A blog to keep current on MPIRG'S fight for social and environmental justice.

Tuesday, January 3, 2012

Why social justice and faith leaders should move their money

As the U.S. economy slowly recovers from its recession nightmare it’s critical that the American people wake up and actively engage in solutions. We have the power to fight against the corporate interests of the institutions that caused this crisis. As average citizens, we can choose not to support these financial juggernauts by moving our personal finances into small, local banks and credit unions. There are numerous reasons to move your money from the Wells Fargos and U.S. Banks of the world and this blog series reviews just a handful.

The major banks' misleading and deceptive policies are more than expensive and frustrating -- they're simply wrong.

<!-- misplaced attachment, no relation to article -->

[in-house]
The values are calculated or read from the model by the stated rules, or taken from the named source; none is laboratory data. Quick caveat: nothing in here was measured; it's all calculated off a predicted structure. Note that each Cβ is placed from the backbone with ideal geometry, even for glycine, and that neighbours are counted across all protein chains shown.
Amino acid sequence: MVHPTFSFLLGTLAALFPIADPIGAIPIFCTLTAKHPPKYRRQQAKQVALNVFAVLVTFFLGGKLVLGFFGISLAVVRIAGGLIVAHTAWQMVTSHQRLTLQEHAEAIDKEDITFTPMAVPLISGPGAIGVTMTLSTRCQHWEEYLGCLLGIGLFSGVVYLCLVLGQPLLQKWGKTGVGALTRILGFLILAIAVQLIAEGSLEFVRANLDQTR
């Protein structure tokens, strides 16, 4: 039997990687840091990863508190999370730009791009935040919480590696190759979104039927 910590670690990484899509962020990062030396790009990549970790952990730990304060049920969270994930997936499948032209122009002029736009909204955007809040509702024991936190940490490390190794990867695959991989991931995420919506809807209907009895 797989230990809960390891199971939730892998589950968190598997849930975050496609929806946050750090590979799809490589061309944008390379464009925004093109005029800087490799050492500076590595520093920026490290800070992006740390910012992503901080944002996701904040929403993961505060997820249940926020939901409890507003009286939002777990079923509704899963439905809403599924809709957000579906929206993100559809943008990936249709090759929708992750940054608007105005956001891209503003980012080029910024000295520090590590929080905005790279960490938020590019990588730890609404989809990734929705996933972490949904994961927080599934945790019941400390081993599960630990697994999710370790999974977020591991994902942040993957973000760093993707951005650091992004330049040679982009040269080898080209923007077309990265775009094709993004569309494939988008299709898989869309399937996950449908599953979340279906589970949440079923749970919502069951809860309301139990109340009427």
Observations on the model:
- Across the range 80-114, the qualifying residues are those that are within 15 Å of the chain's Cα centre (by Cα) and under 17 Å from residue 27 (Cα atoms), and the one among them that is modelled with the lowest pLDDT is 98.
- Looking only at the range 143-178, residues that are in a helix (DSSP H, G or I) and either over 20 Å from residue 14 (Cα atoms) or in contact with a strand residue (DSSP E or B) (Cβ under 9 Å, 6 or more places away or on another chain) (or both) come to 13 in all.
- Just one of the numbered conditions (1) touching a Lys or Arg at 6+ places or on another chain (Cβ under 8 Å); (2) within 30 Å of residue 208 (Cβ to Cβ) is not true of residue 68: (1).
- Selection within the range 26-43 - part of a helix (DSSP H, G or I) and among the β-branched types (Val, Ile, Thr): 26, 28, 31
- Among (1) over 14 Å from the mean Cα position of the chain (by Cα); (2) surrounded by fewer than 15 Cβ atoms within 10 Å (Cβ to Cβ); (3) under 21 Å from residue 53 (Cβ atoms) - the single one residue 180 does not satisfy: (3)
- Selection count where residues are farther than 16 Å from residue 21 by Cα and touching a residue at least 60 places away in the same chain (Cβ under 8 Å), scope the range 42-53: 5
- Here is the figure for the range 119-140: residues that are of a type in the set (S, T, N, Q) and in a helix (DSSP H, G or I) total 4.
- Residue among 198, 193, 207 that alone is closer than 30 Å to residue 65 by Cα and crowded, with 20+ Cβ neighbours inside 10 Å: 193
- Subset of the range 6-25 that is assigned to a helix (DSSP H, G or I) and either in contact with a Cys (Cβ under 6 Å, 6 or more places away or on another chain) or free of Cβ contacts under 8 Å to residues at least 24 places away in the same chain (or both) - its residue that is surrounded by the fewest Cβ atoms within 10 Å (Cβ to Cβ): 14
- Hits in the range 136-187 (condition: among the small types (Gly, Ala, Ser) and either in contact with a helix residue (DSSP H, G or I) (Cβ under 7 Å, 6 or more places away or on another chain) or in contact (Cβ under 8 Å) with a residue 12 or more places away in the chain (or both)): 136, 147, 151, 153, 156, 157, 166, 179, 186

For those of us actively invested in making the world a more honest and just place, saying no to the Big Banks' lies and sneakiness is taking a stand for humankind.

We've all been watching middle class America shrink. Major banks have atrocious records of helping homeowners avoid foreclosure, and in many cases, have made these situations worse. Unlike local financial institutions that work to meet their consumers' needs, Wall Street sticks to strict guidelines in order to maximize profits. In 2008, nine of the bailed-out banks paid out almost $33 billion in bonuses to their top executives. To put that in perspective, that’s more than twice the GDP of Afghanistan.

We shouldn't be rewarding gluttony, and we shouldn’t be rewarding deceit.

Remember "the first will be last..."? I'm not willing to wait, and those currently struggling certainly can't afford to. We all must stand up as arbiters of peace and justice. If you are a part of an organization or church that values fairness and equal treatment and opportunities for all people, consider investing in a local bank or credit union so that your money is working for, not against your fellow citizens. Taking a stand against predatory, Bully Banks is a step in the direction of honor and a show of strategic support for the poor.

Written by Joey Dobson, MPIRG Campus Organizer

Photo Courtesy of Christian Today

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